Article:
“We believe that asking a manager or associate to come in and color the chart by hand versus just pushing a button on a computer and having it print out has a strong impact with that individual,” said Wood. He said it both drives personal accountability and keeps them thinking about continuous improvement for the entire day.

5. Develop new visualization tools to help all associates visualize what is happening in your plant. He showed attendees photos of electronic display boards where employees can see real-time data on production and plant processes. “Real-time data results in real-time action,” he noted. Toyota also started this year to color code uniforms. Wood said this lets everyone quickly identify, for example, team leaders, quality inspectors, or health and safety personnel.

6. Practice genchi genbutsu. In other words, go to the place where the work is done – factory or office - and see with your own eyes what is going on.

7. Visit customers and ask for their ideas. “I think you might be surprised what great ideas they have whether for your product or your processes,” said Wood. He noted that earlier in his career, he was in charge of product planning and tasked with visiting 20 customers a year. “Some of the best kaizen ideas we have ever heard were from our dealers and our customers,” he recalled.

8. Look for kaizen opportunities in the office environment. “If nothing else, it will make that group of people feel really engaged if you ask their opinion and work on their projects,” Woods observed.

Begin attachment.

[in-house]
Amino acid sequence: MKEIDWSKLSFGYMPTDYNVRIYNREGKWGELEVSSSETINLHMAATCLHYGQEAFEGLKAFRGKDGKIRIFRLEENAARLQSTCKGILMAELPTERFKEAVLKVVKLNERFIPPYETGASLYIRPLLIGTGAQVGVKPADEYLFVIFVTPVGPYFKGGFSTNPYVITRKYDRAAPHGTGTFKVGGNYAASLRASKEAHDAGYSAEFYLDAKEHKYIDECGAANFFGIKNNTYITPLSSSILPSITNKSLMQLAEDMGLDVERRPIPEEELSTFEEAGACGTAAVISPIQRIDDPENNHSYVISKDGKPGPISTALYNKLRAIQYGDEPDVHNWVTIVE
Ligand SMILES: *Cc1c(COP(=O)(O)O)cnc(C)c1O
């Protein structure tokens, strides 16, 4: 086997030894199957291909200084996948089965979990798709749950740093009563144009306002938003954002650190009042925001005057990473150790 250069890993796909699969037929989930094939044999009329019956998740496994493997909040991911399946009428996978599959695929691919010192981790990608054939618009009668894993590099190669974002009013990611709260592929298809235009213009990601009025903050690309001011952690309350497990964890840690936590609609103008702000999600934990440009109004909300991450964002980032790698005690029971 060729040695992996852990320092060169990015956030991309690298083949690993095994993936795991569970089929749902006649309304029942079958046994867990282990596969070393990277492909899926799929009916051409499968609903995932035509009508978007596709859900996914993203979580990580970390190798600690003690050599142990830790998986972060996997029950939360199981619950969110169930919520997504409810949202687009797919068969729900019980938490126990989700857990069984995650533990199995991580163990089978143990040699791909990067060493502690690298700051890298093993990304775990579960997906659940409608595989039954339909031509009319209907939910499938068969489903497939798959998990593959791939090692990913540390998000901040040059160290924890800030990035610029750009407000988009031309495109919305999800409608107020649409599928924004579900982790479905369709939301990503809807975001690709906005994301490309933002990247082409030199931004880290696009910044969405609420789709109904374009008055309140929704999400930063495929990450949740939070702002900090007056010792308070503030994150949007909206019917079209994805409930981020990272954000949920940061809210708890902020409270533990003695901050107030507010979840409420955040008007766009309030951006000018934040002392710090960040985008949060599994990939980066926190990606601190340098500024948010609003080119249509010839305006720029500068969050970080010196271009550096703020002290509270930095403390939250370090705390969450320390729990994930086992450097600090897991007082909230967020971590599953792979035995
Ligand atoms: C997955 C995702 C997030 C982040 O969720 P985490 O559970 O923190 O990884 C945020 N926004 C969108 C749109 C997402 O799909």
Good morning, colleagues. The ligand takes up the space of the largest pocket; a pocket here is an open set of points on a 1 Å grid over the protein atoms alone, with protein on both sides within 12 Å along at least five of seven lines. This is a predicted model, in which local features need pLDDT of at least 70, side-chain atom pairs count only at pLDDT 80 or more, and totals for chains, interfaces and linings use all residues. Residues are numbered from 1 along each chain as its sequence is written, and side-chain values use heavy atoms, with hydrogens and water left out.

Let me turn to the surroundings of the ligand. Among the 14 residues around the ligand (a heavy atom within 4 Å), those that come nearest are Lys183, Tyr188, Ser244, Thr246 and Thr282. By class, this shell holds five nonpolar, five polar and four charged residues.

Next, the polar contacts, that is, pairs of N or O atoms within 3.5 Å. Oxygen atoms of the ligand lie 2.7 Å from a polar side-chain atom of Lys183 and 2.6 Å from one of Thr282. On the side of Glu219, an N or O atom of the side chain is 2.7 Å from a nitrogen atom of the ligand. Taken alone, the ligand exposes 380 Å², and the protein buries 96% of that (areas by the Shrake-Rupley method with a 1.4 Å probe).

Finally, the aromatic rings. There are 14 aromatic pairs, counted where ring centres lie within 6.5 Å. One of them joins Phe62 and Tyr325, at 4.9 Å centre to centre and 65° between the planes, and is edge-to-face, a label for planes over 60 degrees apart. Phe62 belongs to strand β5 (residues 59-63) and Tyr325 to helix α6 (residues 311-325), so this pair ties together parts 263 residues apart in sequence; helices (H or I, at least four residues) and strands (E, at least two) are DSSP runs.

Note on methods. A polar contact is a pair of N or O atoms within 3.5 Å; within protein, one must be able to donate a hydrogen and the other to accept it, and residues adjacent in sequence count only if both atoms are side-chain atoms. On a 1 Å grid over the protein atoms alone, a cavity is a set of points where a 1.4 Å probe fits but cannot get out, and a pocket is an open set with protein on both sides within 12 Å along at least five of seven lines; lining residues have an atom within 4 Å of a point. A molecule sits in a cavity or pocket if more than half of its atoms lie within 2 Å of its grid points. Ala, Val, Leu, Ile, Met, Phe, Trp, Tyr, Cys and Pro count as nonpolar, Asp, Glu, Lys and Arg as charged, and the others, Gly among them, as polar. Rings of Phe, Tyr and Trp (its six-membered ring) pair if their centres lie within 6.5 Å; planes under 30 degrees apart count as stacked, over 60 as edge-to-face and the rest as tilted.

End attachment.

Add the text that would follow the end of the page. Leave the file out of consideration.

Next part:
9. Culture is king. Culture is so important, Wood explained, that Toyota recently started a culture award, where associates nominate other associates and employees vote for the winner.

“Innovation, change and continuous improvement start at the top at your organization. It starts with your leaders,” said Wood. He cited the saying, “Managers manage but leaders do the right thing.” In some cases, he said, doing the right thing means driving change.

He related a story of going into the bathroom and seeing paper towel on the floor. He noted that one of Toyota’s core values was treating the facility as if it was their own home. He picked it up and threw it away. A few days later, he saw another paper towel on the floor. He waited a while in the bathroom but no one who came in threw the towel away.

Wood said he realized he had a duty and an opportunity to drive change. The next day at the 7:30 meeting, he talked to the operations leader and other managers about the towel.

“The word spread really fast how a clean environment was very important to me,” he noted. “You know what, it has been a long time since I have seen paper towels on our bathroom floors.”